When I started my training in neuropathology almost 20 years ago, I was slightly disappointed by the rather small number of neurodegenerative autopsy cases. Instead, at that time, cerebral ischemia represented the focus of investigation at this laboratory. These days, however, I find it surprising that ischemia research appears to vanish in the realm of neuropathology. Neurodegenerative diseases are certainly frequent and literally represent the core of neuropathology. Furthermore, tumor biopsy cases, despite their rare total incidence, are undoubtedly of major importance of how modern neuropathology defines itself. Nevertheless, the mere look at the huge number of patients dying from cerebral ischemia, both global and focal,—as, e.g., seen after cardiac arrest or ischemic stroke, respectively—renders the latter the most common group of diseases where the brain is involved. Consider the following facts when taking only stroke into account, which is ischemic in about 85% of cases : first, stroke ranks third among all causes of death in industrial countries, i.e., right after heart disease and cancer. Second, in the United States, on average every 45 s someone suffers a stroke and every 3–4 min someone dies of it. Third, in the long term, 50–70% of stroke survivors regain functional independence, whereas 15–30% remain permanently disabled, and 20% require institutional care at 3 months of onset . Considering the frequency of cerebrovascular disease compared to the factual lack of specific therapies (except for recanalization of the occluded vessel after stroke which, however, is only possible for a low percentage of patients)—this situation should provide a strong incentive to further enhance research activities. In this context, cerebral ischemia offers a fascinating opportunity to study both neurodegenerative and neuroregenerative processes. Re-focusing on stroke, it has been well known to clinicians for decades that consistent, albeit slow and incomplete spontaneous recovery often takes place over time . The underlying processes regulating the beneficial reaction of the CNS in response to injury or physiological demands have been designated plasticity phenomena and describe the potential of the brain for adaptive changes . By means of modern imaging techniques, it has become clear over the past years that there is no fixed correspondence between specific brain areas and specific body parts. Instead, changes in peripheral organs or environmental influences may modify the brain throughout life . Some examples may illustrate this impressive cerebral capacity. Using structural MRI, Maguire and colleagues could demonstrate that the posterior hippocampi of London taxi drivers were larger compared to those of controls. Furthermore, the hippocampal volume correlated with the amount of time spent as a taxi driver . Similarly, extensive studying by medical students for their medical examination was associated with an increase in the volume of the posterior hippocampus as shown by voxel-based morphometry based on high-resolution MRI . Bilateral expansion of the grey matter in the mid-temporal area and the left posterior intraparietal sulcus were observed in inexperienced persons subjected to learn juggling . It is certainly not surprising that there is also a genetic background for the possible extent of brain plasticity as previously demonstrated by a BDNF val66met polymorphism, which distinctly modifies experience-dependent plasticity in the human motor cortex . In this context, it should be mentioned that the met allele of this polymorphism is also associated with poorer outcome after subarachnoid hemorrhage . If physiological adaption is associated with such tremendous plastic changes, pathological stimuli like brain injury should potentially trigger plastic changes to an even greater extent. Referring back to ischemia, key molecular events necessary for spontaneous recovery after stroke became evident from animal studies . In principle, postischemic plasticity is based on modifications of already existing cells in the CNS but also on proliferation and differentiation of progenitor cells in the stem cell niches of the adult brain. Imaging studies on the human brain have provided insight into postischemic plastic processes and revealed numerous overlapping results when compared with animal studies [2, 13]. Neuropathological studies on human brains concerning these phenomena are relatively rare. Therefore, future success will also depend on a more considerate collection of cases with cerebral ischemia for brain banking where, at the moment, they are representing only a marginal group.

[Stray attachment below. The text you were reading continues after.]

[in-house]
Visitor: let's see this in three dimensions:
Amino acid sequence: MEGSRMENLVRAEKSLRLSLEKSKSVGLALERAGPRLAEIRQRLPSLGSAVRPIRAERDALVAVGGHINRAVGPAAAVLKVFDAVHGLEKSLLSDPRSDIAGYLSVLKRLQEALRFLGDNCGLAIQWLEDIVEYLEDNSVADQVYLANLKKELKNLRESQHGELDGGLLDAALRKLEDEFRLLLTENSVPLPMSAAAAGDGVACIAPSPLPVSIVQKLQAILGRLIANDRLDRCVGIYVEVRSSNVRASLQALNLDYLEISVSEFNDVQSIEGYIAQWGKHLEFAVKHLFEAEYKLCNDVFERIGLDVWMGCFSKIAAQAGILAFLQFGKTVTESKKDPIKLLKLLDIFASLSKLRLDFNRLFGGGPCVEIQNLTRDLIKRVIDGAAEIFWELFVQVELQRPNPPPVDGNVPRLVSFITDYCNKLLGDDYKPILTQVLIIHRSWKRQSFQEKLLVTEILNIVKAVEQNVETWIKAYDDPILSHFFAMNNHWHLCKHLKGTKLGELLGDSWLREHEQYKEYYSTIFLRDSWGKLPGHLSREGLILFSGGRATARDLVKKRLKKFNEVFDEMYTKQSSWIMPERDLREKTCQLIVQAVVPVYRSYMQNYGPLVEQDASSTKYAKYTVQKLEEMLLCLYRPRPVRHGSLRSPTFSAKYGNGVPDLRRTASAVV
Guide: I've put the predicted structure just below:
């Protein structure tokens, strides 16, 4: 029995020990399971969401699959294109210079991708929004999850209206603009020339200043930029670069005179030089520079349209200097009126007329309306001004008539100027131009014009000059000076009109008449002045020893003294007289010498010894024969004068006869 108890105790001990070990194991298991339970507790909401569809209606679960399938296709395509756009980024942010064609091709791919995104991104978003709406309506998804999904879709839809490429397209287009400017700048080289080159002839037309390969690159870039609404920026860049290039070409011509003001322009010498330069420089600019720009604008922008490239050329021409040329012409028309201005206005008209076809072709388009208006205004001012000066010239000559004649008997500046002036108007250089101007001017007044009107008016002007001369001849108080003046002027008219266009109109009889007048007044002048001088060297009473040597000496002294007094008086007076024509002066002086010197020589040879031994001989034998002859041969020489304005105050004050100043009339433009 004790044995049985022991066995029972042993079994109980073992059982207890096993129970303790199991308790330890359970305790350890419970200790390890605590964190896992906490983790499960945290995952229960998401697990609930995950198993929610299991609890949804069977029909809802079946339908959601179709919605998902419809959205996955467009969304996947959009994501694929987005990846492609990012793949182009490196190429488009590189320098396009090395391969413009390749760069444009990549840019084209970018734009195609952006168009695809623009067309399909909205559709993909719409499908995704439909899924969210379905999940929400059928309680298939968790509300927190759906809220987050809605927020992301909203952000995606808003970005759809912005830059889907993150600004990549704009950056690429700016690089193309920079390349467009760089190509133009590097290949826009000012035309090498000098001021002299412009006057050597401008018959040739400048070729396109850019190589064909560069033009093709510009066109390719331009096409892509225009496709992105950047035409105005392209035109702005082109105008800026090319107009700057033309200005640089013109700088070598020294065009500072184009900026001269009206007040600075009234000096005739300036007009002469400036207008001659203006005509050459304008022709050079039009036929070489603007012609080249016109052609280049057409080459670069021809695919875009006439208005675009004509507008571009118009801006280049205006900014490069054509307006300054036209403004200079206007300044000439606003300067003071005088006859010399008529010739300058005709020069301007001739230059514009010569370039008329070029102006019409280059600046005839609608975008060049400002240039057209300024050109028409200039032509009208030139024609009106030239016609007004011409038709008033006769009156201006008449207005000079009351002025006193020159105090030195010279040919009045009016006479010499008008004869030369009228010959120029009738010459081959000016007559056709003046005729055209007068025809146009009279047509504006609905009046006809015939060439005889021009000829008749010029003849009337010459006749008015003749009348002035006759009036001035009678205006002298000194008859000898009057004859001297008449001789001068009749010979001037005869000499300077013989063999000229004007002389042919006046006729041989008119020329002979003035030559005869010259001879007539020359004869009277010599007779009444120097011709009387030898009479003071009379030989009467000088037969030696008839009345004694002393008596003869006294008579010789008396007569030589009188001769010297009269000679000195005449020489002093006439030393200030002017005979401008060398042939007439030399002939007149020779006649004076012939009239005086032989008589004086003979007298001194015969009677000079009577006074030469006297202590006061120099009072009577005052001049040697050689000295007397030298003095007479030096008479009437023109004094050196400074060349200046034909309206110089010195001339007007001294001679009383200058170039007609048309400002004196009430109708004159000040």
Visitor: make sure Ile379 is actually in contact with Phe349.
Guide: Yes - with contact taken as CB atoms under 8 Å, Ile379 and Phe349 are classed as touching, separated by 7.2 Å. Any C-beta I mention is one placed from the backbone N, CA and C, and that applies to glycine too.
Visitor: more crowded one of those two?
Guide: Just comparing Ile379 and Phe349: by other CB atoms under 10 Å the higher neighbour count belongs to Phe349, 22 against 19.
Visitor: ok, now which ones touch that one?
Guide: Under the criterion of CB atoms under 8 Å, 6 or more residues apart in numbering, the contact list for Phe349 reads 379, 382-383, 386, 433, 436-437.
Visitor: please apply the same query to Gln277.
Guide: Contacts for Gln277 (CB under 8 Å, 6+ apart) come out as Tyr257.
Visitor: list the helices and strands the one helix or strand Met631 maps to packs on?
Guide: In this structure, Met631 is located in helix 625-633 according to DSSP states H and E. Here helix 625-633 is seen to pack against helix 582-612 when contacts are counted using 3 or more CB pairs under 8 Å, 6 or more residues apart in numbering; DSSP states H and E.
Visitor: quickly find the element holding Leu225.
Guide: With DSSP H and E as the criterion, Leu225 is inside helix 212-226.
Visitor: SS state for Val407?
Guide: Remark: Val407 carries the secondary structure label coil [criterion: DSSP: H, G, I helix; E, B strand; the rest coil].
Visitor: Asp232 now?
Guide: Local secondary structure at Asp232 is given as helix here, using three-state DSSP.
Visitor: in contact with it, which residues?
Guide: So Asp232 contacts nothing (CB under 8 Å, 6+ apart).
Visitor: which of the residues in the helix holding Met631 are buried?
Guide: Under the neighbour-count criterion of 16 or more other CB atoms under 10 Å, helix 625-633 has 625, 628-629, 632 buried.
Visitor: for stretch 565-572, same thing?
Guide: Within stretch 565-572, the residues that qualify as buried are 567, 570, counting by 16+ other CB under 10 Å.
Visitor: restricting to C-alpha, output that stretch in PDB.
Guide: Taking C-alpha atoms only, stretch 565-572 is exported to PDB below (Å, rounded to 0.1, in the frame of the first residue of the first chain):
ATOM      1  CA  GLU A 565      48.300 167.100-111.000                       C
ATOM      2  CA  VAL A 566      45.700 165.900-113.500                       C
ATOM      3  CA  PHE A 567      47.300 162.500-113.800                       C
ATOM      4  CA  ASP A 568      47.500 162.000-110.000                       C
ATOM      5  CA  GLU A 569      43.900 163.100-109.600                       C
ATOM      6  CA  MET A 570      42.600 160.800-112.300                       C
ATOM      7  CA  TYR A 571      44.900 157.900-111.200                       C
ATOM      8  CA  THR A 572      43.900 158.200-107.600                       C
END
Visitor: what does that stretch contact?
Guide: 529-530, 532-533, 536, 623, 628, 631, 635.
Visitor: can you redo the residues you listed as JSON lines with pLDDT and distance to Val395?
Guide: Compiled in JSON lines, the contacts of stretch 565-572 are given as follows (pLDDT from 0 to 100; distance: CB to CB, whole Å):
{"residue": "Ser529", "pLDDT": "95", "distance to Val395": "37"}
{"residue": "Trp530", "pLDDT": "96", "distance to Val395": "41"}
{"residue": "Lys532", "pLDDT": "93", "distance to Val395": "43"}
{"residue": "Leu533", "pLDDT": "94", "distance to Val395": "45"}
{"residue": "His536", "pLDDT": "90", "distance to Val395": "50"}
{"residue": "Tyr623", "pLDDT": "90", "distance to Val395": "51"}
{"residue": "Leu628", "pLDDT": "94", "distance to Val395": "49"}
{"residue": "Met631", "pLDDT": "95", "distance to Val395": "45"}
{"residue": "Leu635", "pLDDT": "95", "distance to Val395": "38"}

The following reviews will shed light on some of these aspects and present the latest findings in this exciting area. Although most data are generated from animal studies, all reviews are completed by references to findings in the human brain and/or hints to potential novel therapeutic strategies to induce postischemic plasticity for finally improving functional poststroke neurological outcome. The series of reviews starts with a paper by Liu, Lang, Dempsey, Baskaya and Vemuganti, which updates the potential of neural stem cells to repair stroke-induced brain damage. The role of angiogenesis after cerebral ischemia is then discussed in the article by Beck and Plate. Since the role of postischemic inflammation is the focus of current controversy, the review article by Kriz and Lalancette-Hébert on inflammation, plasticity and real-time imaging after cerebral ischemia deals with potential pro-regenerative mechanisms of poststroke inflammatory processes and novel techniques of life imaging. Finally, neuronal plasticity after ischemic preconditioning and after its potential clinical analog, transient ischemic attacks, is discussed in my review article. The authors hope that the present cluster of articles can contribute to greater awareness of this clinically important and scientifically exciting field in neuropathology and neuroscience.